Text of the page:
Wednesday, November 11, 2009
Fossil of the Week
This week, something more familiar! This is PRI 5388, a snail called Bellerophon calcifer named by H. F. Cleland in November 1900, in Bulletins of American Paleontology number 13. It is from the Mohawk Valley, east of Fort Hunter, New York, between Albany and Schenectady. This is a "syntype" specimen. Syntypes is a very "old school" word for all of the original specimens used by an author to name a species, before scientists bothered naming a holotype and paratypes (see our previous Fossil of the Week installments to understand these terms). Sometimes a scientist will later name one of the syntypes to serve as a holotype - this is called a "lectotype."
The species: The fossils described by Cleland's paper, including B. calcifer, were collected as part of a class in the Cornell Summer School of Geology taught by Professor Gilbert Harris (PRI's founder and first director). The material is from the Early Ordovician Period, about 475 million years old. The shell of Bellerophon is coiled with the midline in a single plane, so that one side of the shell is a mirror image of the other side. The edges of the mouth of the snail shell were flared outward (which you can barely see at about "4 o'clock" on this shell), and they were separated by a narrow slit, called the selenizone. Bellerophon is also the name of a hero in Greek Mythology, famous for riding the winged horse Pegasus and slaying the Chimera - perhaps the snail shell was thought to resemble Bellerophon's helmet.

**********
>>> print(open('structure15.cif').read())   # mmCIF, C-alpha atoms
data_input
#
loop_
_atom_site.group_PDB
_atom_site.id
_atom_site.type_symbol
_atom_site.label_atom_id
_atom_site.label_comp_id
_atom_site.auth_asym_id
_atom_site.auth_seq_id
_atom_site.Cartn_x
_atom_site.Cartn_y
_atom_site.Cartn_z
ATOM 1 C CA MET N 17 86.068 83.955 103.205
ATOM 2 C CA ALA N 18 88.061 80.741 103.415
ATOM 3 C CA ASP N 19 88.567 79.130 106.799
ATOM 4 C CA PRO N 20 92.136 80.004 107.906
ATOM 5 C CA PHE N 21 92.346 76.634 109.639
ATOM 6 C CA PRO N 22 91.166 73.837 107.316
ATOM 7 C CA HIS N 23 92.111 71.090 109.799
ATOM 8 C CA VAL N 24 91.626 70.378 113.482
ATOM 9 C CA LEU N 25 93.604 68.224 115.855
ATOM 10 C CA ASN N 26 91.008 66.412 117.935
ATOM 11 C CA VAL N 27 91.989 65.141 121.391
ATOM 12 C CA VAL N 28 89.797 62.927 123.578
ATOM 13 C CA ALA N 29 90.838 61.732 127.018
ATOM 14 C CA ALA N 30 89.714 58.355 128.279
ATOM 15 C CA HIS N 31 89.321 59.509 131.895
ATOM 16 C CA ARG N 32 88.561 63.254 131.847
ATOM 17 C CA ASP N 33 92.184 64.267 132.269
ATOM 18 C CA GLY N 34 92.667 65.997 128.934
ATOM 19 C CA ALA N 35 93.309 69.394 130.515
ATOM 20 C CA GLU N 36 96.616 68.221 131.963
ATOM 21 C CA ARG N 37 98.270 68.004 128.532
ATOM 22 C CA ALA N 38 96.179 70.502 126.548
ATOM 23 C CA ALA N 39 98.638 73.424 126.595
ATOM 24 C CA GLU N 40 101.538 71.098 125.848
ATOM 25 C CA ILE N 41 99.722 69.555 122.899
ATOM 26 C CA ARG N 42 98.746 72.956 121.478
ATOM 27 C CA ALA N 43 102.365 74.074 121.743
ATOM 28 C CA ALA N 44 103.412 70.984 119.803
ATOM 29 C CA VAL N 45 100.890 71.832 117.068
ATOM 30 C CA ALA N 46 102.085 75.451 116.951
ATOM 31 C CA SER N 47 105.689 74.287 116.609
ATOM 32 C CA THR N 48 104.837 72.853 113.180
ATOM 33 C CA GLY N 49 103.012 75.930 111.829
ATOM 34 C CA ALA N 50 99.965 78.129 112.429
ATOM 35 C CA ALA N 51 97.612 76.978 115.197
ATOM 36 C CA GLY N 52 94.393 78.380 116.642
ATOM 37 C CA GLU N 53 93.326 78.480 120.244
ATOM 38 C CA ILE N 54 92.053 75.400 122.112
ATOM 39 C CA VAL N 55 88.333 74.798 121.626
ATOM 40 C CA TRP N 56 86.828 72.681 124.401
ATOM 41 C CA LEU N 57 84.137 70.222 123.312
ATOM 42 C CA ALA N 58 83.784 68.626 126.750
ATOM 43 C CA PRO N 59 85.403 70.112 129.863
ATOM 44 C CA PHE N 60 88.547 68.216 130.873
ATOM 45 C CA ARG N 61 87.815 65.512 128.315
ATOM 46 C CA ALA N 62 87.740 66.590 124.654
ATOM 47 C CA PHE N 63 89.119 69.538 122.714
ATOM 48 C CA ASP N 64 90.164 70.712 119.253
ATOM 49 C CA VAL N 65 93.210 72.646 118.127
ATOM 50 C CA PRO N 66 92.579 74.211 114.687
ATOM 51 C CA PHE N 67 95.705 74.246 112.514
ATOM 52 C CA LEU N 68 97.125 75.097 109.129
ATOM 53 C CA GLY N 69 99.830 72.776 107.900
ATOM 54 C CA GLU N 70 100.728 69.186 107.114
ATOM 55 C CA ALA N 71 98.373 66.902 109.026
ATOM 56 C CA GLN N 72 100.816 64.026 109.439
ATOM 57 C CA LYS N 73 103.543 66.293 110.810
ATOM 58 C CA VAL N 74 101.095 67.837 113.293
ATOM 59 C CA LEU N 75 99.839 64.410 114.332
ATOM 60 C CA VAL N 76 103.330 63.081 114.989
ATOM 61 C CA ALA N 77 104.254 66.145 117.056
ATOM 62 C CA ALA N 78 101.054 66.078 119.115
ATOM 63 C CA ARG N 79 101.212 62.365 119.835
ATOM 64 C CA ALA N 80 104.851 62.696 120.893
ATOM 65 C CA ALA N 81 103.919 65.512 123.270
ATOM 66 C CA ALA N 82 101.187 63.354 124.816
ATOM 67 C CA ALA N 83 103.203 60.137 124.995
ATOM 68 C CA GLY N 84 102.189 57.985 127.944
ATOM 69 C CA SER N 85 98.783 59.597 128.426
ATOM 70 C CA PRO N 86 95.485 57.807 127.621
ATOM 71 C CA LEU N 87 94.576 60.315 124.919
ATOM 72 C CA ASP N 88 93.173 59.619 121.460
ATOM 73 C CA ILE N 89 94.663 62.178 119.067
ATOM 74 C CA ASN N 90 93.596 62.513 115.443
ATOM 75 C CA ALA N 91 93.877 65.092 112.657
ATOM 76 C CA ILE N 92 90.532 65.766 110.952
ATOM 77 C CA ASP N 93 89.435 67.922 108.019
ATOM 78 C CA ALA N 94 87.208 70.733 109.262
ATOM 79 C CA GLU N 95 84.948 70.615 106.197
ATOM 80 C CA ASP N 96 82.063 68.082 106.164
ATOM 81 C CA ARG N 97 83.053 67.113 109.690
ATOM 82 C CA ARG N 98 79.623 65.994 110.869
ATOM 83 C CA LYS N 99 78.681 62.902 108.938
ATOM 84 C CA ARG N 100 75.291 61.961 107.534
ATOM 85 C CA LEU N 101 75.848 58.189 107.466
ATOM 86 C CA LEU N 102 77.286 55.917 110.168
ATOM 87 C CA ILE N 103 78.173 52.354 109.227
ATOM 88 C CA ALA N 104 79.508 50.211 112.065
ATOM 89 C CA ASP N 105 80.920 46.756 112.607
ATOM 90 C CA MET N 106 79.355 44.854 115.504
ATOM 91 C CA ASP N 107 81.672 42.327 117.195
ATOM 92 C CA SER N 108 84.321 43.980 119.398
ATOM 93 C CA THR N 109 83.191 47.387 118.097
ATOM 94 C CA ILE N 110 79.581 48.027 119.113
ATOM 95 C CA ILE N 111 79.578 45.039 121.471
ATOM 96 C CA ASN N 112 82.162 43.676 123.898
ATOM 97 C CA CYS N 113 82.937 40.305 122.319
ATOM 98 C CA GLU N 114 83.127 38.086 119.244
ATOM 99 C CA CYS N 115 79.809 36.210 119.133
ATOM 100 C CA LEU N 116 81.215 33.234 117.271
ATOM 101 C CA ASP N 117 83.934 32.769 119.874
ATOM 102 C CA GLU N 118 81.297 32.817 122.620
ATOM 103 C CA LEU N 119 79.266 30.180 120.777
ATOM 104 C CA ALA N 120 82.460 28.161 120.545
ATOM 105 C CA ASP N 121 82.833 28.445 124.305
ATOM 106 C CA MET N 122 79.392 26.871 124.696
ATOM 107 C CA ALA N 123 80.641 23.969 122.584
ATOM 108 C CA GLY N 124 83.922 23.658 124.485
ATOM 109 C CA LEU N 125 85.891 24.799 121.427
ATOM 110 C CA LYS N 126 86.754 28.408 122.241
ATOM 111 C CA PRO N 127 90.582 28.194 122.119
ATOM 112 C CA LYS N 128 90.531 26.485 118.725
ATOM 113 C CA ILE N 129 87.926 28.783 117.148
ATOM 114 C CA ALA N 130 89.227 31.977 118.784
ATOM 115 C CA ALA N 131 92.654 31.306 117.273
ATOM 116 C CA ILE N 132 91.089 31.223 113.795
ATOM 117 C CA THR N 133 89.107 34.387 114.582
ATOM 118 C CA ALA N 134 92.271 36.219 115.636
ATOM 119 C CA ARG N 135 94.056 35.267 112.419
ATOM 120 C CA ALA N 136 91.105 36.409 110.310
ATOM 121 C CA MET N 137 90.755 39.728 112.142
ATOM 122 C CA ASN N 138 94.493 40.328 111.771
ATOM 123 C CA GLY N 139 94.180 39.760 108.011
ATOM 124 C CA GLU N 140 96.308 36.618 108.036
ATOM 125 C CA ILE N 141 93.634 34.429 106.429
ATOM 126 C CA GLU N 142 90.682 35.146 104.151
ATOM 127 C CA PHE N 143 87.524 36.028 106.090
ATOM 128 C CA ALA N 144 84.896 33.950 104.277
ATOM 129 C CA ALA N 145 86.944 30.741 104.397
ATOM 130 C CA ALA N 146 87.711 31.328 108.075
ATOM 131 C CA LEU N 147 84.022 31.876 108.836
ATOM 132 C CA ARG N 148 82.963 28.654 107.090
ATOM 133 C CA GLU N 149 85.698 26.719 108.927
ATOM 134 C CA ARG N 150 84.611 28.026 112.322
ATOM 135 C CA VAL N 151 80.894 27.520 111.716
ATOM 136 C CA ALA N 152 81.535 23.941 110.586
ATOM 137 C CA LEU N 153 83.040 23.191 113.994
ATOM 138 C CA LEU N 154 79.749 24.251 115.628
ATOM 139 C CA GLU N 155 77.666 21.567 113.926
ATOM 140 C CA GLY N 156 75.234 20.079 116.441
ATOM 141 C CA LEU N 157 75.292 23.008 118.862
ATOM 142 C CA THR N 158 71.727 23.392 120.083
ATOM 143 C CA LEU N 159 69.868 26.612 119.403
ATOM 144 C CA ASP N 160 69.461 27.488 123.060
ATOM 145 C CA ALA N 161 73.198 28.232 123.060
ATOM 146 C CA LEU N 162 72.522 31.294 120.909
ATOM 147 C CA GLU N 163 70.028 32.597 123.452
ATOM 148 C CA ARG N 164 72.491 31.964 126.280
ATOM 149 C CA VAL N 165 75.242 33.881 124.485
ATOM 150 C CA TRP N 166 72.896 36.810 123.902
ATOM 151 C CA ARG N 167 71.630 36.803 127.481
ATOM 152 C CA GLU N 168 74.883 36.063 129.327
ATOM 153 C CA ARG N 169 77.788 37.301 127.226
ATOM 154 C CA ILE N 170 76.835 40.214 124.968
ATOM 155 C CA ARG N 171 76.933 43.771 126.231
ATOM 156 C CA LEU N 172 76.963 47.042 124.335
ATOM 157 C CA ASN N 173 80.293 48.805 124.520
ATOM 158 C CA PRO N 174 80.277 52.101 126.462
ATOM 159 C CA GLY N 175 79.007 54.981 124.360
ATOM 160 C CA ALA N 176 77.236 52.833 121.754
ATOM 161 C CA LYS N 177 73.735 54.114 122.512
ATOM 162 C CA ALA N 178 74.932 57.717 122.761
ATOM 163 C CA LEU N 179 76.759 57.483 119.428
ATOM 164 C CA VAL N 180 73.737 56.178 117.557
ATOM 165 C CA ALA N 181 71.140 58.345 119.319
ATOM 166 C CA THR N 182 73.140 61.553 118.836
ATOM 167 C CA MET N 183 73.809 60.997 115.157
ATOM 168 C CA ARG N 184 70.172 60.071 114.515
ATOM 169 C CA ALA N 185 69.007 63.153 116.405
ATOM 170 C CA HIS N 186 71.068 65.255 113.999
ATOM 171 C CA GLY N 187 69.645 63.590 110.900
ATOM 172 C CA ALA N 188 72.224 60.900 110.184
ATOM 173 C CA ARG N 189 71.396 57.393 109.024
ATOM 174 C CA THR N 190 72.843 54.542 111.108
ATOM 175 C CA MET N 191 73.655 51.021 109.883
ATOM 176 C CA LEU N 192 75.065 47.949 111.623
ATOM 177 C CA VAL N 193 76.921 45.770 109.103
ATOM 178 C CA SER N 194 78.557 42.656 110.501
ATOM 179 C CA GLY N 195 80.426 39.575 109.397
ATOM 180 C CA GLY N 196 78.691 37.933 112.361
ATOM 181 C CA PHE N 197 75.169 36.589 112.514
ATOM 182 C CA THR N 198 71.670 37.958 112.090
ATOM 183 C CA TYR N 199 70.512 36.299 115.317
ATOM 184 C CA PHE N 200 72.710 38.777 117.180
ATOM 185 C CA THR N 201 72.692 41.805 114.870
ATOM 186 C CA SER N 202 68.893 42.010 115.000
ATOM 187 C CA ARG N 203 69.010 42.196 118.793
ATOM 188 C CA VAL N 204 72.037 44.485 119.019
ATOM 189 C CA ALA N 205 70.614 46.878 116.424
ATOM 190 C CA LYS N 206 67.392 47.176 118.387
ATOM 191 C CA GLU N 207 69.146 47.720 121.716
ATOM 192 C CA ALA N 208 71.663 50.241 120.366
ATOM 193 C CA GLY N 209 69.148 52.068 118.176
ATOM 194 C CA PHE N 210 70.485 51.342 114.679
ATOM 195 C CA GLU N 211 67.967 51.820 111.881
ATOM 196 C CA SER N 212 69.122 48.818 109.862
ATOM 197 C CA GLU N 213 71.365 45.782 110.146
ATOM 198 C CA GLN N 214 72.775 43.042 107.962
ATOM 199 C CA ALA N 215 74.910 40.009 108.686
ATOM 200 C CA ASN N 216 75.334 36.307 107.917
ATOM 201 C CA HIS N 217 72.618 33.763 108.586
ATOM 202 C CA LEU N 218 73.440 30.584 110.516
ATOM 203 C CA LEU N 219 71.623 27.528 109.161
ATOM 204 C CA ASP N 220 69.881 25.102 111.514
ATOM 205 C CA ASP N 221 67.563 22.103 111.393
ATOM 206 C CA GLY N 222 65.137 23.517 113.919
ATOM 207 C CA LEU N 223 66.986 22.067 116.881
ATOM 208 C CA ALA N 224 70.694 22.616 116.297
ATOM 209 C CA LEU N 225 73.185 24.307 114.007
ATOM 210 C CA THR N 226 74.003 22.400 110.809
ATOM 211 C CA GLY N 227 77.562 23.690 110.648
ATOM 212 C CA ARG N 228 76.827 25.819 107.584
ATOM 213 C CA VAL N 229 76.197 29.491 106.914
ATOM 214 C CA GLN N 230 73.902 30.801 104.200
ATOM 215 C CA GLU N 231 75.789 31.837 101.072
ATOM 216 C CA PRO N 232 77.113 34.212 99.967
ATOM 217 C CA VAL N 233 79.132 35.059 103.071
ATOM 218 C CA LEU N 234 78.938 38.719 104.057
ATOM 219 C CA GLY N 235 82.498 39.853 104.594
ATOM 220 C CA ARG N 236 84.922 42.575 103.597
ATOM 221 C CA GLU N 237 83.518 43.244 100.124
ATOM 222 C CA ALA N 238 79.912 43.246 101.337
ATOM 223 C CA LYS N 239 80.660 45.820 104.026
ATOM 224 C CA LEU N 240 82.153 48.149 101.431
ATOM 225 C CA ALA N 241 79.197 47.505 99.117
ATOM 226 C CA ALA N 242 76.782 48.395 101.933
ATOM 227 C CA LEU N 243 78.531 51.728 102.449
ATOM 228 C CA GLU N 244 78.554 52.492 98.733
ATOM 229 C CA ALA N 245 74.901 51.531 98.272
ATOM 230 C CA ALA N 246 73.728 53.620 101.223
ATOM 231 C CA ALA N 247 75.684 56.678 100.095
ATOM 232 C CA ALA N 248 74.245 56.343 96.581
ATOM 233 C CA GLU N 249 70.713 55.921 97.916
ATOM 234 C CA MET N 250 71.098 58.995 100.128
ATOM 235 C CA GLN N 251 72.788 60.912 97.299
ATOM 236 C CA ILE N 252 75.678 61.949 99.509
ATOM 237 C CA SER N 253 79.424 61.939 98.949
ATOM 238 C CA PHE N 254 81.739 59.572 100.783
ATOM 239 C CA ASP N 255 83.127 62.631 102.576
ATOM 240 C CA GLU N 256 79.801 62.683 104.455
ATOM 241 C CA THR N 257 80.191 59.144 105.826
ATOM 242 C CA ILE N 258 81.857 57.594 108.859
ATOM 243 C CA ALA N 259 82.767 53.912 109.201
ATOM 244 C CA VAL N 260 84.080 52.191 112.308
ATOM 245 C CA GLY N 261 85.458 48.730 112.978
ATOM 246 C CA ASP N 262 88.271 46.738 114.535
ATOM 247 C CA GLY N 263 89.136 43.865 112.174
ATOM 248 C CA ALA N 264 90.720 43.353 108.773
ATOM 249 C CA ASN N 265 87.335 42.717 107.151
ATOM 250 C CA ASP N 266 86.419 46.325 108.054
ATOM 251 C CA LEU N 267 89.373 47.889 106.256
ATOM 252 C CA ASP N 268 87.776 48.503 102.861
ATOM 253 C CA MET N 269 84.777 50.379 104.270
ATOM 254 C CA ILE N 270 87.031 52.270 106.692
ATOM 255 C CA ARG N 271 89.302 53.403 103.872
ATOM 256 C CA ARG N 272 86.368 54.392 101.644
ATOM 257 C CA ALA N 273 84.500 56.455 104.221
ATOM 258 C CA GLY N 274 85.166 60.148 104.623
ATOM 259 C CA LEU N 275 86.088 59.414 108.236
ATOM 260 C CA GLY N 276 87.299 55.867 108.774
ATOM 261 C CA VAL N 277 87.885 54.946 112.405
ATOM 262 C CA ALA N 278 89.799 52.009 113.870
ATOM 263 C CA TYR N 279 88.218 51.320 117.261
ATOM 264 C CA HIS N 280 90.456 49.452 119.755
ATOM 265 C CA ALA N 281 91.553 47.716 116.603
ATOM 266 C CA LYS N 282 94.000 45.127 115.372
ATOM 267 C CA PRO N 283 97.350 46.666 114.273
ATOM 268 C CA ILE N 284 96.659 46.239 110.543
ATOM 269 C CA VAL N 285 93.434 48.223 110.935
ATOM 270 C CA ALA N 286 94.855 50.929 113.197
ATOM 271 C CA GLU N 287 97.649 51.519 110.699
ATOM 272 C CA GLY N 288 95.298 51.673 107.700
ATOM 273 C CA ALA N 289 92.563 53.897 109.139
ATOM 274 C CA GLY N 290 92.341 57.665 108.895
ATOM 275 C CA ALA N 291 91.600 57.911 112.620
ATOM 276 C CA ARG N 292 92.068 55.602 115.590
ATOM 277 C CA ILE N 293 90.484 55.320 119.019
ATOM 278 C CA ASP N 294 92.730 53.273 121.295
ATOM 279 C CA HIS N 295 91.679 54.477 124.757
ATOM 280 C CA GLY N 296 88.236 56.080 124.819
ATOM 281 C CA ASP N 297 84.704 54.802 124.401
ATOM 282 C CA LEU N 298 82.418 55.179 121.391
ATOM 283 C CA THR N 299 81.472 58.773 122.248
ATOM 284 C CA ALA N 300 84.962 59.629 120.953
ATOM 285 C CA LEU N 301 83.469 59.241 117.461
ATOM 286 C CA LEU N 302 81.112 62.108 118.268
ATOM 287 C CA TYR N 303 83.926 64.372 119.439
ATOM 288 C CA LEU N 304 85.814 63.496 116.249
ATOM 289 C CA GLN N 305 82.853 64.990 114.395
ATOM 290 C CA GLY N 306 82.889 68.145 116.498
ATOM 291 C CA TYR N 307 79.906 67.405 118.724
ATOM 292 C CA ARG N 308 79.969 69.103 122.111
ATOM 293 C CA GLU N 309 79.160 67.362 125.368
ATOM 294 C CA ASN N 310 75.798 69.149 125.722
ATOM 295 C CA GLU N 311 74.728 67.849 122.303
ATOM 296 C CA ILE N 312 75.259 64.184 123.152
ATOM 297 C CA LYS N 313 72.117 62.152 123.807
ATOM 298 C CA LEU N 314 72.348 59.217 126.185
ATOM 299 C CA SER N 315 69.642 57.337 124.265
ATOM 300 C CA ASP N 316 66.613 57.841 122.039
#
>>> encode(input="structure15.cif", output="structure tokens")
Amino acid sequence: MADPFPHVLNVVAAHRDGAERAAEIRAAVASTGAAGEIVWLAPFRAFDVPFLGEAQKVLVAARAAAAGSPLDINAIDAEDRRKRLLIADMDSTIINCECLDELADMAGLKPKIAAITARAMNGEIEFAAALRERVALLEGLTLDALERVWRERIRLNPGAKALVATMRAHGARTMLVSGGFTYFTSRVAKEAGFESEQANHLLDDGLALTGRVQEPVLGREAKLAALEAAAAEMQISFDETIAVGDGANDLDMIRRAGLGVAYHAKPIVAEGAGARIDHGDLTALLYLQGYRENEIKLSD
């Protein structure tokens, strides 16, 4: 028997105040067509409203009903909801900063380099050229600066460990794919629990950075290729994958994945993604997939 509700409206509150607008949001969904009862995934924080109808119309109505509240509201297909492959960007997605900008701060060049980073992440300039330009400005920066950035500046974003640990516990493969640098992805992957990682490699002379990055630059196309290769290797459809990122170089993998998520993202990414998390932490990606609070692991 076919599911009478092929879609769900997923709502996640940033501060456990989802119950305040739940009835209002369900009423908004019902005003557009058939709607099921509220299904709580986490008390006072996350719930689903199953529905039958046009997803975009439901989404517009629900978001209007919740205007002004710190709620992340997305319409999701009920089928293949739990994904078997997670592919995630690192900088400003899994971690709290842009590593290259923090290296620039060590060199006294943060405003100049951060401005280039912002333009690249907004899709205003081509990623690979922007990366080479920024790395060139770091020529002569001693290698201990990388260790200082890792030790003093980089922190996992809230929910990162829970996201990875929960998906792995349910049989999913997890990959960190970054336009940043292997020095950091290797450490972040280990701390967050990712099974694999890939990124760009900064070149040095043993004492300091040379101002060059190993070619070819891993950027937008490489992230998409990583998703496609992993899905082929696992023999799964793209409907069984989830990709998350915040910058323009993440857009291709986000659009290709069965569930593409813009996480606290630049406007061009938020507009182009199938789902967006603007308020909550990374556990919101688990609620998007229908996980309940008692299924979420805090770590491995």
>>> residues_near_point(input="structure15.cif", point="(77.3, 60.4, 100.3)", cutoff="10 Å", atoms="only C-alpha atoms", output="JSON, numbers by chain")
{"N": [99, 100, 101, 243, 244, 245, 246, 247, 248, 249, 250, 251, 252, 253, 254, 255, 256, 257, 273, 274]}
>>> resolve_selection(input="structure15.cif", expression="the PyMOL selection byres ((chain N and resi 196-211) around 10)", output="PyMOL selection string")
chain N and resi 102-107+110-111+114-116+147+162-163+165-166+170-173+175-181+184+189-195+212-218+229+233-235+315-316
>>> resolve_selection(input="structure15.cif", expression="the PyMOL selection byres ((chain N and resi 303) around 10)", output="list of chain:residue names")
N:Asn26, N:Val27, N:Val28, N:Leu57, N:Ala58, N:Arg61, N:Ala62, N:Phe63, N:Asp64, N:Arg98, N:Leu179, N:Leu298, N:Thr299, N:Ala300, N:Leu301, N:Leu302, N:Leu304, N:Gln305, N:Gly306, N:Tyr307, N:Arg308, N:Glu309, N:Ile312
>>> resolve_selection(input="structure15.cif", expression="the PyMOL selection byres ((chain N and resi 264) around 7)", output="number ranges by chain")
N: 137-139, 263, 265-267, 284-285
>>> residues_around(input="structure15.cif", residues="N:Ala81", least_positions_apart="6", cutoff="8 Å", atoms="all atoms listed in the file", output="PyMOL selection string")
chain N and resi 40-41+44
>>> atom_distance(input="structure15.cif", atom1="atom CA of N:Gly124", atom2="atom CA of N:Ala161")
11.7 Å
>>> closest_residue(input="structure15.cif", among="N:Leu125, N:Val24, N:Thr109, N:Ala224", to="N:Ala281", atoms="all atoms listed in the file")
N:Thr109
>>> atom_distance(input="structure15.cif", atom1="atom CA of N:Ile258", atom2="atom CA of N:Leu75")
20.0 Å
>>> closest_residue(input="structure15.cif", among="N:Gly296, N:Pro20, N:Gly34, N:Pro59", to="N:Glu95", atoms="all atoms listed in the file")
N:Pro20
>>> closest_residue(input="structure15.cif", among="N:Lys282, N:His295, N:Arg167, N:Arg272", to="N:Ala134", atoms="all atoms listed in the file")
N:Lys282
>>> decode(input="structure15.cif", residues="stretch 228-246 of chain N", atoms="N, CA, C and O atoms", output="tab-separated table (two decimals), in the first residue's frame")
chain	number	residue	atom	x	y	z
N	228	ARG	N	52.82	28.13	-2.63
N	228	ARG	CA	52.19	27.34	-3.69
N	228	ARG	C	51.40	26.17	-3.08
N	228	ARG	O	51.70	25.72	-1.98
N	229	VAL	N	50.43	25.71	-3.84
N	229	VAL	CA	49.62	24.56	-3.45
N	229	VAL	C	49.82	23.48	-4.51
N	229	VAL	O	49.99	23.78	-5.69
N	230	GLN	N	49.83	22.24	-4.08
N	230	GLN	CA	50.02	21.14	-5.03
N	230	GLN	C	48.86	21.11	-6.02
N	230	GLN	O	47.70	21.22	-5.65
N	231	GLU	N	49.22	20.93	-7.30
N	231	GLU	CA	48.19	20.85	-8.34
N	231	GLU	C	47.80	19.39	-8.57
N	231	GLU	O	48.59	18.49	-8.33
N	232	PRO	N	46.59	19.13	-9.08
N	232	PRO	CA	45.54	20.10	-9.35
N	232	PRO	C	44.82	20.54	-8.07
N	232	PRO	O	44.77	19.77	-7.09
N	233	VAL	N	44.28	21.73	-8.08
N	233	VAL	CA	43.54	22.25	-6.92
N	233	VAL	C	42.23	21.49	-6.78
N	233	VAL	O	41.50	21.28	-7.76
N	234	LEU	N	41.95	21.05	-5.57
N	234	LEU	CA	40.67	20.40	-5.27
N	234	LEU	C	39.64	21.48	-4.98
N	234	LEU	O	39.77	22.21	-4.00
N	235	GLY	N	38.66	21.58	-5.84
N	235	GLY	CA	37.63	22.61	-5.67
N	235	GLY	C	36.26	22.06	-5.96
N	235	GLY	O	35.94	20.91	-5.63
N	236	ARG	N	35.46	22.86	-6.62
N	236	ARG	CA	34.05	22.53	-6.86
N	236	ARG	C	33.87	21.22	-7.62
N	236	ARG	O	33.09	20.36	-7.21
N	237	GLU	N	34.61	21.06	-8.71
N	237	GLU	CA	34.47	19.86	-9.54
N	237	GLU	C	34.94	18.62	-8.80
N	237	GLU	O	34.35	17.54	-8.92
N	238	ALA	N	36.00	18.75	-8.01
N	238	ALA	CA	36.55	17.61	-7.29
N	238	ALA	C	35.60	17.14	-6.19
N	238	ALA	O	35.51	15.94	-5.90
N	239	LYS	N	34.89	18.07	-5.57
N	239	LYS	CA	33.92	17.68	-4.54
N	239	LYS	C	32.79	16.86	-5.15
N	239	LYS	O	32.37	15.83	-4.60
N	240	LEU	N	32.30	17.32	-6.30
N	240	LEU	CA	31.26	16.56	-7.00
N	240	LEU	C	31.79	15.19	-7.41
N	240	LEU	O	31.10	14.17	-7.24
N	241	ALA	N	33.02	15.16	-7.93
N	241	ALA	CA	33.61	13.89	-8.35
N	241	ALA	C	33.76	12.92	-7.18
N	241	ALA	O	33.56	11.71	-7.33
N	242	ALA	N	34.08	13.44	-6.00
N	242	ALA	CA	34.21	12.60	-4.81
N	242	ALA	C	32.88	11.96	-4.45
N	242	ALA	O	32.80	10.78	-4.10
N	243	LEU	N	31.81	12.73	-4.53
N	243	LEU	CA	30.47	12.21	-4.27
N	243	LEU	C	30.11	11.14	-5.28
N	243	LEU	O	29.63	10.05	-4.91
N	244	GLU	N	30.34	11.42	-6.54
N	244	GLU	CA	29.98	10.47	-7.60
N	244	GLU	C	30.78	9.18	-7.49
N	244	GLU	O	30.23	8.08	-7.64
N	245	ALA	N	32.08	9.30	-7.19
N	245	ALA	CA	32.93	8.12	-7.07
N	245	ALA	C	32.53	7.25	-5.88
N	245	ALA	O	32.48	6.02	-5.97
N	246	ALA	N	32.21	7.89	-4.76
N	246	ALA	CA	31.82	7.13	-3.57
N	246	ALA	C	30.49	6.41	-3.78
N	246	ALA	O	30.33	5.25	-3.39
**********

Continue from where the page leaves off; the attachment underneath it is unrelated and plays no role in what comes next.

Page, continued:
The author: Herdman Fitzgerald Cleland (1869-1935) was a professor of geology at Williams College in Williamstown, Massachusetts. After early schooling in Nebraska, he received his PhD from Yale and spent the next summer in the field collecting fossils with Gilbert Harris. He filled in for Harris, teaching his classes while Harris was away, and then joined the Williams College faculty in 1901. His doctoral dissertation, published in the US Geological Survey Bulletin, was on the fossils of the Hamilton Formation exposed along Cayuga Lake here in Ithaca. He had many interests including geology and early human cultures. His last work was a booklet entitled "Why be an Evolutionist?" in 1930. He was killed tragically when the steamship Mohawk sunk off the coast of New Jersey en route to Yucatan; he was taking six students there to study Mayan ruins. Three of the students also died in the shipwreck. According to a published obituary, his last reported words were "I'm sorry the trip is off, boys, but I wish they had waited till the water was warm before they threw us in."